Changes in vegetation cover from the time of Iceland's settlement
Iceland has been settled for somewhat over 1100 years – the official date of settlement is 874 AD. The Book of Icelanders, an account of Iceland's settlement written in the early 12th century by priest and scholar Ari Thorgilsson, states that “in those days, Iceland was wooded between the mountains and the shore”. This description of Iceland is certainly in stark contrast with its present landscape. It should be kept in mind however, that these “woods” were not necessarily mighty forests, and scrub and bushes almost certainly covered much of the land that Ari describes as wooded. Birch forests where the trees were actually taller than the settlers who saw them would have grown in sunny, protected valleys and on the lower slopes of hills. These birch trees could reach a height of 10–12 m where growing conditions were best. The woodlands Ari speaks of are long gone: settlers felled the trees and used the land to graze their livestock. These encroachments came at a particularly vulnerable point in Iceland's history, as human pressure was compounded by a cooling climate and worsening growing conditions for birch. The period from around 1600–1900 is often referred to as the Little Ice Age. Indeed, glacier cover in Iceland is believed to have reached a maximum in 1890; not since the end of the last Ice Age (around 10,000 years ago) had outlet glaciers extended so far out.
Erosion and desertification have been serious problems in Iceland for much of its history. After sheltering woods and thickets were lost, the remaining vegetation cover was often unable to withstand the pressure and was gradually eroded away. Large expanses of land were left bare, exposing the soil itself to the forces of erosion. Erosion did not only occur in areas over 400 metres above sea level, where growing conditions were most difficult: it also changed the lowland landscape. Most of what are today barren or sparsely vegetated lowland areas would have been fully vegetated at the time of Iceland's settlement, while traces of soil found in some places in the Icelandic highlands, now virtually devoid of plant life, show that these regions once supported significantly more vegetation and that this vegetation was much more continuous. Although birch forests never extended far up the sides of Iceland's hills and mountains, thickets and scrub once reached up to an average elevation of 300–400 m. In places, thickets grew even higher, as patches of creeping birch at 550–600 m in Þverbrekkur by the Kjölur road demonstrate. Birch strands still grow at 300–400 m in Bleiksmýrardalur, a valley in Northern Iceland; the occasional tree reaches a height of 3–4 m.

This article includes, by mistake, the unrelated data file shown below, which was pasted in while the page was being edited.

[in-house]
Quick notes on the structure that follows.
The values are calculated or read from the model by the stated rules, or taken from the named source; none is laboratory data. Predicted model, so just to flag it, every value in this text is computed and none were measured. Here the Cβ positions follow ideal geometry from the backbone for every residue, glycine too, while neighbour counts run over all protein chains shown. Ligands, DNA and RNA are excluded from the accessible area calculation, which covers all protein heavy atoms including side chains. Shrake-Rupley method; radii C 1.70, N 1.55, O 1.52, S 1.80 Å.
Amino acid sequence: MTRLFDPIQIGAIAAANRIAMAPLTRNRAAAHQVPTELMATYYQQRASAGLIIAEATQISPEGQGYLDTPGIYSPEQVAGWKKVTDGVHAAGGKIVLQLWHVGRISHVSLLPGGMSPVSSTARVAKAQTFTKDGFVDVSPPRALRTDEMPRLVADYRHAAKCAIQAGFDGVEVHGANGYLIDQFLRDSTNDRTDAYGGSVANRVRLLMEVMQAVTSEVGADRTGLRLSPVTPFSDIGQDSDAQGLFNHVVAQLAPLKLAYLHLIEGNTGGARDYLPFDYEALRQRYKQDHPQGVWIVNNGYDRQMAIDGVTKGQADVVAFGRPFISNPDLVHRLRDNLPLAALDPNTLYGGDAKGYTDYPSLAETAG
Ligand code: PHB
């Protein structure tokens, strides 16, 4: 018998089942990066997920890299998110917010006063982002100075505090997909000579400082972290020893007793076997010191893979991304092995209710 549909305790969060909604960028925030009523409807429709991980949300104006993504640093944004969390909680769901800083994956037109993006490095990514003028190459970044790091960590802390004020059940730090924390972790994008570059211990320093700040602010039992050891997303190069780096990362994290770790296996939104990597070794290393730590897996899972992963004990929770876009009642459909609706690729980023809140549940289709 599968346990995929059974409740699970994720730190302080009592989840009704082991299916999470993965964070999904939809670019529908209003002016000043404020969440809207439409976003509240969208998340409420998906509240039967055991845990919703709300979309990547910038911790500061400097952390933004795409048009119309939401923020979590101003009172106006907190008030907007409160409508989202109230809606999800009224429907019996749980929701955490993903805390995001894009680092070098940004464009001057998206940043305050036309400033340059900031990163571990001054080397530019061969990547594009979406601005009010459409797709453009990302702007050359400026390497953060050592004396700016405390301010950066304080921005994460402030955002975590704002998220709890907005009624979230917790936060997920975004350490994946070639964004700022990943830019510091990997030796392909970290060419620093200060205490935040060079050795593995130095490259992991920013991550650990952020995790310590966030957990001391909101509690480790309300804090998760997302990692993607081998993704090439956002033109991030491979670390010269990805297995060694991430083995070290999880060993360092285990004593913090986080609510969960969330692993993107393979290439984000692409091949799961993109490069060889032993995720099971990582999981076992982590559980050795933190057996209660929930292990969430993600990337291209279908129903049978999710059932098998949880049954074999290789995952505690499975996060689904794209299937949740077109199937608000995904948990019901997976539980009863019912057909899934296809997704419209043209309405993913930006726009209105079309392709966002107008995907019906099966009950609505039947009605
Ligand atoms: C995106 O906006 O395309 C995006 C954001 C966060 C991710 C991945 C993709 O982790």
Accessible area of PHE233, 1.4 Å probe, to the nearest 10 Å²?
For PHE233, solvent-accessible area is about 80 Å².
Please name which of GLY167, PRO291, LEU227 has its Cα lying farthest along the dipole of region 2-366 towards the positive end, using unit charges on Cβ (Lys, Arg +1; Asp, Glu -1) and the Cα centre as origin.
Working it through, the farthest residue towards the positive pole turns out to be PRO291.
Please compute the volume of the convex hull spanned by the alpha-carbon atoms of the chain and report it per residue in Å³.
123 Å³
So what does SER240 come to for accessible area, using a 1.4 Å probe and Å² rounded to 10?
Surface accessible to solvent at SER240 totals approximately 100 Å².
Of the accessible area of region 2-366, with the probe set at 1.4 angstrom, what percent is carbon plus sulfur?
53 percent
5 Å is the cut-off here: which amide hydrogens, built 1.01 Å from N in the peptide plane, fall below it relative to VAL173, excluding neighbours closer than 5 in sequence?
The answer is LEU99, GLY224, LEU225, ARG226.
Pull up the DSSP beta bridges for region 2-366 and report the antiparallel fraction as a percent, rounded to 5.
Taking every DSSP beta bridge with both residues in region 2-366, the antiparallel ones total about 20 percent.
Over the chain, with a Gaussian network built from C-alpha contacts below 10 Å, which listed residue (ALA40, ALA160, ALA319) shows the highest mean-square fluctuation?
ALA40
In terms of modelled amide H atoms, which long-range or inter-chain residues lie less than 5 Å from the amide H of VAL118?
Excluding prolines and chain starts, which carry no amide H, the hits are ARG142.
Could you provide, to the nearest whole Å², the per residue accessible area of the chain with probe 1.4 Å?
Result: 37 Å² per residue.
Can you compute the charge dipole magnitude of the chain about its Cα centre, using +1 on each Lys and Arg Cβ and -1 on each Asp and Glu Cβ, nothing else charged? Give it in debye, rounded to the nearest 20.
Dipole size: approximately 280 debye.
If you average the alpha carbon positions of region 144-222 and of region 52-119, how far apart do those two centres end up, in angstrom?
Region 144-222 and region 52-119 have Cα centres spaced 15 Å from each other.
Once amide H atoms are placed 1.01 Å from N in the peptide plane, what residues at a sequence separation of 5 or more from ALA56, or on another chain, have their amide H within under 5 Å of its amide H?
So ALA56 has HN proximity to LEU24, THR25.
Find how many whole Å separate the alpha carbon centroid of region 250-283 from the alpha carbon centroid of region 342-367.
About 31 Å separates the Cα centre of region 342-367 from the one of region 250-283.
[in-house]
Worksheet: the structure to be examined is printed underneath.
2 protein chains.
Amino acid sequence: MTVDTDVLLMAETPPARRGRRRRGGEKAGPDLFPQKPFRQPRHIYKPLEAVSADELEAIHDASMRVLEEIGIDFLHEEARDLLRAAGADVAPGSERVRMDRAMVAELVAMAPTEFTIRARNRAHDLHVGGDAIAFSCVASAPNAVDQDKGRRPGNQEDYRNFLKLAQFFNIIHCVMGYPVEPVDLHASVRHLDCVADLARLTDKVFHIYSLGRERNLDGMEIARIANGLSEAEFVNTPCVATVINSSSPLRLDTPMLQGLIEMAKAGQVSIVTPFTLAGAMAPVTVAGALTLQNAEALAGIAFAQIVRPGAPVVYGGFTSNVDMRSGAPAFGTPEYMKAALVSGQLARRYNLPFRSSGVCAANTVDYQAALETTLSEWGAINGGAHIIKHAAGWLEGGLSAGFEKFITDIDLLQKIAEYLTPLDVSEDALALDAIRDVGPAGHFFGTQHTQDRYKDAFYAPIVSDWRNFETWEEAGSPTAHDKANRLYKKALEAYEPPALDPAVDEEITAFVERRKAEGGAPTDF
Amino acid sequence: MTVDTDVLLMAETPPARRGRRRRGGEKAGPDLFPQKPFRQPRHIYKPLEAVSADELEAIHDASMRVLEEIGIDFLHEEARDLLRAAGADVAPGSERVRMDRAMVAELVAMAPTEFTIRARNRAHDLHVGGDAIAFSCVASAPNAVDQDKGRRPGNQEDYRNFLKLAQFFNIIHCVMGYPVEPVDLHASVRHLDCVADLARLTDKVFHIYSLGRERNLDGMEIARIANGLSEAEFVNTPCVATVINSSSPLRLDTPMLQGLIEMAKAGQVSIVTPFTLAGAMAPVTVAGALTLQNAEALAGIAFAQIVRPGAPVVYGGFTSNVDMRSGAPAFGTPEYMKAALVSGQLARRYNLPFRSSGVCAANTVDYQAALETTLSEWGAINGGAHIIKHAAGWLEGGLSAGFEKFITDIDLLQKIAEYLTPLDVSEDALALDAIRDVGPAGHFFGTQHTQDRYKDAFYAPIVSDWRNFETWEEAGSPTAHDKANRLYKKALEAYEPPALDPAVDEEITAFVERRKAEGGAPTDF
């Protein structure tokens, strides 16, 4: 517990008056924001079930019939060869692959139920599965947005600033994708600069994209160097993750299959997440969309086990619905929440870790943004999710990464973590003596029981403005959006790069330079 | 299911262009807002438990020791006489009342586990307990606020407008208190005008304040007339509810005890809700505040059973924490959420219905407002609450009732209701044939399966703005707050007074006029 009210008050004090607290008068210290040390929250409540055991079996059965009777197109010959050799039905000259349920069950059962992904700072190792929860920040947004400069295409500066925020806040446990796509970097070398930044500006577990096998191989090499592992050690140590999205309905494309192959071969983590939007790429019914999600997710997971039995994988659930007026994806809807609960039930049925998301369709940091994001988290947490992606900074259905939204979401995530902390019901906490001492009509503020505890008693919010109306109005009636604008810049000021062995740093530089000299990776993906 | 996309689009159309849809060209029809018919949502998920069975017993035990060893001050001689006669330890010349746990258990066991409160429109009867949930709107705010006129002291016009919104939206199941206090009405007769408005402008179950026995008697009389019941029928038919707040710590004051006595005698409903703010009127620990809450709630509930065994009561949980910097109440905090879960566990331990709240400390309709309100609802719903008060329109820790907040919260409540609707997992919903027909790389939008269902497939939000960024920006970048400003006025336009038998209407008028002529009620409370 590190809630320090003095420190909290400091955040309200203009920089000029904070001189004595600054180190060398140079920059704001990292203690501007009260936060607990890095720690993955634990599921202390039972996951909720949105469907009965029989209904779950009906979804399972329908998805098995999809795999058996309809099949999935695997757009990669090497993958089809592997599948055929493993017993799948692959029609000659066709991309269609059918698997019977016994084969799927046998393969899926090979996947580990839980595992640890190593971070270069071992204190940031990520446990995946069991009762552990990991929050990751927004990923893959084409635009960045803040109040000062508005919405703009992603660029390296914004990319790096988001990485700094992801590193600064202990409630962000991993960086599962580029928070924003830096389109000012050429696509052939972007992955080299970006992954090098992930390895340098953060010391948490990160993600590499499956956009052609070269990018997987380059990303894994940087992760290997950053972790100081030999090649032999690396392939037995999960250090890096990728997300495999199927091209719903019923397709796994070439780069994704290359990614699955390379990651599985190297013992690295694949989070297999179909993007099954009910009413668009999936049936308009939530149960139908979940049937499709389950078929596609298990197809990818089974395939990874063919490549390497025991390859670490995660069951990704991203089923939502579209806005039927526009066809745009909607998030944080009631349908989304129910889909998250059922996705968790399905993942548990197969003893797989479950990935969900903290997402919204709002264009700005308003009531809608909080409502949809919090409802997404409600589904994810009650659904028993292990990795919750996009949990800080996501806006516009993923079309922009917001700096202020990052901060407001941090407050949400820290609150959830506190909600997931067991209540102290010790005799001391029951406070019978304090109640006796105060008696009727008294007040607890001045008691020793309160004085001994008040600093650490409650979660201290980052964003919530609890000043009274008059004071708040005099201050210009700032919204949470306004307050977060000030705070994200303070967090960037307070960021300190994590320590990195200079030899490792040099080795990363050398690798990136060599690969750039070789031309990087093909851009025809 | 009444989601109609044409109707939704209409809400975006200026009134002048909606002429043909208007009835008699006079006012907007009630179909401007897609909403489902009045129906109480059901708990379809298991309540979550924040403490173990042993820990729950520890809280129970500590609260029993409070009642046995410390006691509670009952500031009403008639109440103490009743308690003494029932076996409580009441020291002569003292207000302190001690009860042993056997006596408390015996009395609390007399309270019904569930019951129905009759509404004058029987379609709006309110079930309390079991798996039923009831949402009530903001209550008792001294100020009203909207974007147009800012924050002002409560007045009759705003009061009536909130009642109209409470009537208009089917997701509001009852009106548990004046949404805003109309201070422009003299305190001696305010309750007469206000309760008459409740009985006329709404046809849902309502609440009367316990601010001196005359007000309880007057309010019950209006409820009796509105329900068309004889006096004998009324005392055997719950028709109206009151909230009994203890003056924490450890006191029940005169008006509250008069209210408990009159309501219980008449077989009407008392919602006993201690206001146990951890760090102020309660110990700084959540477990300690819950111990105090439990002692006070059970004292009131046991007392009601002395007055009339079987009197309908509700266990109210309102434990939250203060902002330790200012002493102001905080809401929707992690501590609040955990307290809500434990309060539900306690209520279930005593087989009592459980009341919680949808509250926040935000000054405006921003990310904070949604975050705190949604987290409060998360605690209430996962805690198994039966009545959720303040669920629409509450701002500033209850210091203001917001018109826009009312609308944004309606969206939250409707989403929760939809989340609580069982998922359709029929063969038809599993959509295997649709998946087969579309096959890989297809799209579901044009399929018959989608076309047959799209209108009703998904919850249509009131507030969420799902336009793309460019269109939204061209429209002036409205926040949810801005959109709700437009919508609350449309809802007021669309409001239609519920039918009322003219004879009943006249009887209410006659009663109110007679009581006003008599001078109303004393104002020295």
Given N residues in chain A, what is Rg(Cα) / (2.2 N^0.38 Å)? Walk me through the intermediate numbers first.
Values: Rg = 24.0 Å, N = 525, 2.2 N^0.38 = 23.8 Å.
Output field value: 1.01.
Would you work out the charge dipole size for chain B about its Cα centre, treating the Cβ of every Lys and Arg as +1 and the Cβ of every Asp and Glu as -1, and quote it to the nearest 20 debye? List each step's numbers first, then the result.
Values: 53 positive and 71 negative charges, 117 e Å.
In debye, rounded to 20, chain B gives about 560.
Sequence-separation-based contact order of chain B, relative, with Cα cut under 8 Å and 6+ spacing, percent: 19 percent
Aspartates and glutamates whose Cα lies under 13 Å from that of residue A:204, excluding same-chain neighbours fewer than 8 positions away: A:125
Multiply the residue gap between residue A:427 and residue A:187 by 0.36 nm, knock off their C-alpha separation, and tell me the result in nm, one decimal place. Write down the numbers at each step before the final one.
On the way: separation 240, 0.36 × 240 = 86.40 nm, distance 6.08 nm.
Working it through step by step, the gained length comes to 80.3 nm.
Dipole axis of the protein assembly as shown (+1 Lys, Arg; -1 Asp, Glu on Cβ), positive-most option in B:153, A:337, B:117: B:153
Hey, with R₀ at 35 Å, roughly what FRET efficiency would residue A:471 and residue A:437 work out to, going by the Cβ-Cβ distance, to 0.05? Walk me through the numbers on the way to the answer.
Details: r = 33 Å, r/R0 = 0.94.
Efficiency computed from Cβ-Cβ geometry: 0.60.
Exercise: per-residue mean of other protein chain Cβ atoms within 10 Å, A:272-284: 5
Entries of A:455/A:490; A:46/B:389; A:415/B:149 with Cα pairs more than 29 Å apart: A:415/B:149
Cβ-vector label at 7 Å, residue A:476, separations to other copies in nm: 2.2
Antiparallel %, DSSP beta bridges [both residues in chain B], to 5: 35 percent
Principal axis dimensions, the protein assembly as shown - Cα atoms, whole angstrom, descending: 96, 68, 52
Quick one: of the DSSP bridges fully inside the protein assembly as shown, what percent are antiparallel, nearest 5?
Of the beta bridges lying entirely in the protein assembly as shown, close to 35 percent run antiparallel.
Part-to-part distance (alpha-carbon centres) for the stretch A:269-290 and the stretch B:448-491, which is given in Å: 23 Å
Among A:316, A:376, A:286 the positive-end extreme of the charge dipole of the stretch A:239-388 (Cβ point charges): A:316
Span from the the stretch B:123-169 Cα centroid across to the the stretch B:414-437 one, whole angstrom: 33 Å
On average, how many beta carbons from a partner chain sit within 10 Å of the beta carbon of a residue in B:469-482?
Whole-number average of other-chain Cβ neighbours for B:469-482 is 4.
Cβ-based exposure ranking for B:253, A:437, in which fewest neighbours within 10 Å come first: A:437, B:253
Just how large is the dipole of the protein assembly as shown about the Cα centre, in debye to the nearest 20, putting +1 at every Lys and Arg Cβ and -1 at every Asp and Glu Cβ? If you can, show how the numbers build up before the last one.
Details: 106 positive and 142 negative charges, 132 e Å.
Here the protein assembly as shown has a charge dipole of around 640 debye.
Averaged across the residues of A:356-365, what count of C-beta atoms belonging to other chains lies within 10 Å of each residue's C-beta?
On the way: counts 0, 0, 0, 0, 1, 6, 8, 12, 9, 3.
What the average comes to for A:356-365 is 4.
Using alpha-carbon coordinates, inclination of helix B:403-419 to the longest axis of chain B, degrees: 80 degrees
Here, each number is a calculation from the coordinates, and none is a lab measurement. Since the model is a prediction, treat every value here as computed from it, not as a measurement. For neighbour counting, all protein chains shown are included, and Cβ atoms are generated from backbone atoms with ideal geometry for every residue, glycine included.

Birch thickets and woodlands currently cover only about 1.25% of Iceland. In most places, the upper limits of birch thicket growth have dropped by around 100 m. Exceptions include Bleiksmýrardalur and Hallormsstaðarskógur forest, where birch strands reach an elevation of close to 400 m, and in Bæjarstaðarskógur and other areas of the Morsárdalur valley, where birch grows to an elevation of almost 380 m. Today, proper birch forests do not grow much above 250 metres above sea level.
Sources: Eyþór Einarsson. 2005. Flóra og gróður Íslands. In ÍSLANDSATLAS (pp. 18-23). Reykjavík: Edda.